Math 170-02 Calculus I

Fall 2017
1:00-1:50 MWF 12:30- 1:45 T Hirt M209

TEXT: Calculus Early Transcendentals, 10th Edition ISBN : 978-0-470-64769-1
  Authors: Howard Anton, Irl C. Bivens, and Stephen Davis   Publisher Wiley
  Available used in hardback, paperback, e-book or binder form
  Note: There is an 11th edition of the text, but we use the 10th edition! Must be Early Transcendentals!
OFFICE: 307 Old Main, also check computer labs in basement of Old Main
OFFICE HRS: MWF 12:30-1:50 307 Old Main , Tues. Thurs 1:00-2:00 Old Main computer labs. Also by appointment.
E-MAIL:           Course Information, grades, assignments
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This is the initial course in a sequence of courses on the fundamental ideas of the calculus of one variable. It is here that truly significant applications of mathematics begin. Topics included are functions, continuity, limits, derivatives, maxima, minima, antiderivatives and introduction to the integral. 4 credits. Prerequisites: MATH 118 or MATH 112 or ALEKS placement score of 76 or higher


At the conclusion of this course, the student should be able to:
  1. Understand the concept of a limit from intuitive, graphical and computational perspectives
  2. Understand the definition of the derivative, and the relationship between the various interpretations of the derivative;
  3. Compute derivatives of functions using the definition of the derivative and then using the techniques and properties derived from the definition
  4. Apply the derivative in problems involving optimization, curve sketching and approximations
  5. Understand the definite and indefinte integral and there realtionsip to derivative.
  6. Compute definite and indefinte integrals
  7. Possess the capability to read a theorem in a calculus text, check the hypotheses in a particular situation, and draw appropriate conclusions.


We will cover material from chapters 0,1,2,3,4 and 5.


The main technique used will be lectures. At the beginning of each class I will ask if there are questions from the previous lecture. I encourage you to ask questions as they arise during the class. If you are unable to have your questions answered in class, then see me outside of class. You are welcome to drop in anytime I am in the office or Old Main computer labs.


Although I will not formally check attendance, I do expect you to attend class.


Homework will be assigned often (daily). The homework will be scaled at the end of the term so that perfect homework total is worth 100 points. All homework is due at the beginning of the next class after it was assigned. No homework will be accepted at times other than the due time except with a prior valid excuse or under extremely extenuating circumstances. All homework must be done on 8.5 by 11 inches paper only with no ragged edges. Do not turn in homework torn from a spiral notebook without trimming the ragged edges! Problems must be numbered. Try to be organized and neat as possible. No red ink or red pencil may be used on your work. Any homework turned in that does not comply with these conditions will be ignored.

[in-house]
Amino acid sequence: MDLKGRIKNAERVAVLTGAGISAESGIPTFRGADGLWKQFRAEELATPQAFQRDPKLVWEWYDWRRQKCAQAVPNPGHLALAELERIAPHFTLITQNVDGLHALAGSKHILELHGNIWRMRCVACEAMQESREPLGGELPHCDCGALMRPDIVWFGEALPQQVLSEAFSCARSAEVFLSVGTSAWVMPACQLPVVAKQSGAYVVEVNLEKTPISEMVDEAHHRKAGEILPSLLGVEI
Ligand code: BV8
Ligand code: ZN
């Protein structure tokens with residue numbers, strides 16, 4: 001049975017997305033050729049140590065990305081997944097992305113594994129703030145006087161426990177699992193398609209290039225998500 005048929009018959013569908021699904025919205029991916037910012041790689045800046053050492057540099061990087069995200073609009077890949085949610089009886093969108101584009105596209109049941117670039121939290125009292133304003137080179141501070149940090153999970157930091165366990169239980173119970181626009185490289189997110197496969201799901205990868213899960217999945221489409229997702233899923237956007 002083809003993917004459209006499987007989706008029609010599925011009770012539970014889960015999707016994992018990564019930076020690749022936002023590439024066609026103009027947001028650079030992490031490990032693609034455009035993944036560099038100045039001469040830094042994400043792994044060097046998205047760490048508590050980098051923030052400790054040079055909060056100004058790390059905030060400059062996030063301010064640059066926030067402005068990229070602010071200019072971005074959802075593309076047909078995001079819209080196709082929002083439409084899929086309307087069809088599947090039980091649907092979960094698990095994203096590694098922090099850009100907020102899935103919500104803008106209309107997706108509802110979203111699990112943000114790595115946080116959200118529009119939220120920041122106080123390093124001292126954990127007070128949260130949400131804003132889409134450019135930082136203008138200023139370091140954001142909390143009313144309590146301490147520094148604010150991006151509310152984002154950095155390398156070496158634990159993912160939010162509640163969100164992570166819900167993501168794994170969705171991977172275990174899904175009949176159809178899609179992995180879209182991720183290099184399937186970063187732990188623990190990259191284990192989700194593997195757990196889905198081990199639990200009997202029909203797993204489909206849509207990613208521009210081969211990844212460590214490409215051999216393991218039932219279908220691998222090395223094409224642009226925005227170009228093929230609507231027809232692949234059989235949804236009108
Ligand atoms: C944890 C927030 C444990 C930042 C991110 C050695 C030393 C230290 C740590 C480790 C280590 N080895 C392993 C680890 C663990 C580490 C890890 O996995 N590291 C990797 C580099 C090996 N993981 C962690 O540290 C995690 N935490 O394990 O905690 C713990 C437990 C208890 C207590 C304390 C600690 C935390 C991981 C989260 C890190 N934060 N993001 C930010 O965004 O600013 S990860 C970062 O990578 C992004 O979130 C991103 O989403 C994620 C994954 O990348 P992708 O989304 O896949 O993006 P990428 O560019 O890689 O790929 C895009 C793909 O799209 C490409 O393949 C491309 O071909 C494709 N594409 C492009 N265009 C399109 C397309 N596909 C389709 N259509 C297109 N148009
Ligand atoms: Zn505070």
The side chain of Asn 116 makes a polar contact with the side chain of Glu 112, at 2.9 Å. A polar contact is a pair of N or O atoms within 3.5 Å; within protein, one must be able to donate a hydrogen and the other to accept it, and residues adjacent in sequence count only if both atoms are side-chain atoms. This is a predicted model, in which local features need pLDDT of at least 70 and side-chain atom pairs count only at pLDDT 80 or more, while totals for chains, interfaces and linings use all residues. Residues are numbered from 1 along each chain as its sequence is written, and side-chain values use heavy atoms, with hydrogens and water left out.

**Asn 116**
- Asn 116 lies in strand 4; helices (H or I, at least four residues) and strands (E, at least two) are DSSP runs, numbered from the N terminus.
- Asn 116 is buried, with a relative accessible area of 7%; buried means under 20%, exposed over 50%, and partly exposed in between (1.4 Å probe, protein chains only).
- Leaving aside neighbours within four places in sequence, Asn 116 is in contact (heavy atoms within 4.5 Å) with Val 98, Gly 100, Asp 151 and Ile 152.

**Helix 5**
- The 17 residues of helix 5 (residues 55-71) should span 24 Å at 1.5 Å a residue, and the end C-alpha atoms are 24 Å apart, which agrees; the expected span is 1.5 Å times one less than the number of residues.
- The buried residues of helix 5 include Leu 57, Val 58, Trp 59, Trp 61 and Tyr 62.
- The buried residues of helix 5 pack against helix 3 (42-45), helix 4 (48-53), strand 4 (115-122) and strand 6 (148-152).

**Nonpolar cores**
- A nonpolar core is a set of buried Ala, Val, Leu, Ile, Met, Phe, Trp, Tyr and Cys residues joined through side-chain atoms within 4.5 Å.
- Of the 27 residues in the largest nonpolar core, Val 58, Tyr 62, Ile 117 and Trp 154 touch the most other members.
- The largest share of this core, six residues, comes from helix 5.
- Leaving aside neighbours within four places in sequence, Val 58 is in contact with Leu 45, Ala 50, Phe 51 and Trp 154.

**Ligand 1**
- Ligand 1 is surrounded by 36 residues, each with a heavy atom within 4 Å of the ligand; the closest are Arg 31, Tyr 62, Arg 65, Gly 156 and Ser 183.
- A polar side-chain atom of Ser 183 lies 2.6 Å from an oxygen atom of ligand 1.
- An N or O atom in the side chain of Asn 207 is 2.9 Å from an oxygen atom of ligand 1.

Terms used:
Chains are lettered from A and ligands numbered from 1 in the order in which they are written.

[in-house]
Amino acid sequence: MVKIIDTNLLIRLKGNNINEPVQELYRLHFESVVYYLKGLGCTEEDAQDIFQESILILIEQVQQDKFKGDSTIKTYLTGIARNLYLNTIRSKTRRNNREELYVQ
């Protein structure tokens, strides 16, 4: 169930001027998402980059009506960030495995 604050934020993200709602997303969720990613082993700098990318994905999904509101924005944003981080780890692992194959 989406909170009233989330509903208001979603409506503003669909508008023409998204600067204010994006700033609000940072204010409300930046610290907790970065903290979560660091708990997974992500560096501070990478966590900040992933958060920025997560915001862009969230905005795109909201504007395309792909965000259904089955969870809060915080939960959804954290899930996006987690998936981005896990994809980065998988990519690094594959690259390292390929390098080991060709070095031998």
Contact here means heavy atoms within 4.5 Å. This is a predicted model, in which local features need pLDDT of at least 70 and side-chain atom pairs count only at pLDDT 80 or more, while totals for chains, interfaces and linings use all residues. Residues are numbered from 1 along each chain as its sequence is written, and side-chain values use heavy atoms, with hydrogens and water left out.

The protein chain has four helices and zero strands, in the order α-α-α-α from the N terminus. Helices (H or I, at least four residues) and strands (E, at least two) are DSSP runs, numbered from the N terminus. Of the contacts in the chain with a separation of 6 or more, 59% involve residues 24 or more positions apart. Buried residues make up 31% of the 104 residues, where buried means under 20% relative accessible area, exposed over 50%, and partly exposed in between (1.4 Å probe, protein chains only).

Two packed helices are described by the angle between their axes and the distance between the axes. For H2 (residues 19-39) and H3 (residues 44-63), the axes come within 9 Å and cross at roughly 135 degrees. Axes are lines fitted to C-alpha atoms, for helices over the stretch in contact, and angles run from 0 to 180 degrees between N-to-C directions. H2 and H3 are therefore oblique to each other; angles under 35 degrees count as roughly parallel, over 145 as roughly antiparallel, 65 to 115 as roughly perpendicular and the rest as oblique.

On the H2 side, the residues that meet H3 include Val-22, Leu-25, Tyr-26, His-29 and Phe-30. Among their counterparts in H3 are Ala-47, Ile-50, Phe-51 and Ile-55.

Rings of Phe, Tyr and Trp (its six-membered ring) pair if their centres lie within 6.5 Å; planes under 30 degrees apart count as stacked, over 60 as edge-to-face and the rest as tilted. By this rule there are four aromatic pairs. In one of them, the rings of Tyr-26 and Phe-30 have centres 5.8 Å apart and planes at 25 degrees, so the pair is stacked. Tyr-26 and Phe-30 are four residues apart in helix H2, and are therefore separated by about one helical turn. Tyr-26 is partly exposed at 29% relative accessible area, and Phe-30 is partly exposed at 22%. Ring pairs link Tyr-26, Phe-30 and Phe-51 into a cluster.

Do your OWN work. Do not loan homework to a fellow student. It is okay for students to help each other and to share ideas and knowledge.  Students who copy homework will receive an F for the assignment.


There will be four class exams (tentative dates are: Sept 19,  Oct 17, Nov 10 and Dec 5 and a comprehensive final exam (Dec 13, 1:00-3:00 pm). Each exam is worth 100 points and the final is worth 130 points. Since I do not ordinarily give make-up exams, only the most serious reason constitutes an excuse for missing an exam. Any student who is caught cheating during an exam, as a first offense, will receive the grade of "F" on that exam. Students with a second offense of cheating will receive the grade of "F" in the course.   

Final Grade:

There are 630 total possible points. Your final grade will be assigned by taking your total accumulated points and dividing by total number of possible points (6.3), wherever this resultant fits in the table that is your final letter grade.

Percent 100-90 89-85 84-80 79-75 74-70 69-65 64-60 Below 60
Grade A B+ B C+ C D+ D F


Graphing calculators are not required for this course. The textbook does contain problems which involve the use of a calculator or computer, but you will not see those types of problems on any exam. √(2 )×π is a far better answer than 4.442882938. At no time will a calculator or computer be allowed that performs calculus. No cell phone calculator app allowed at any time!  


The schedule is tentative and can be modified at any time if needed. While every effort will be made to adhere to the syllabus, I reserve the right to amend the syllabus when deemed necessary. The student is responsible for noting of any changes, which will be announced during class periods. There is no extra credit possibility for this course on an individual basis. DO NOT ASK! If I decide to use the extra credit option it will be available for the entire class.


The following class room behaviors are not acceptable at the University, and will not be tolerated.
Last Updated September 05, 2017 @ 9:36 am.

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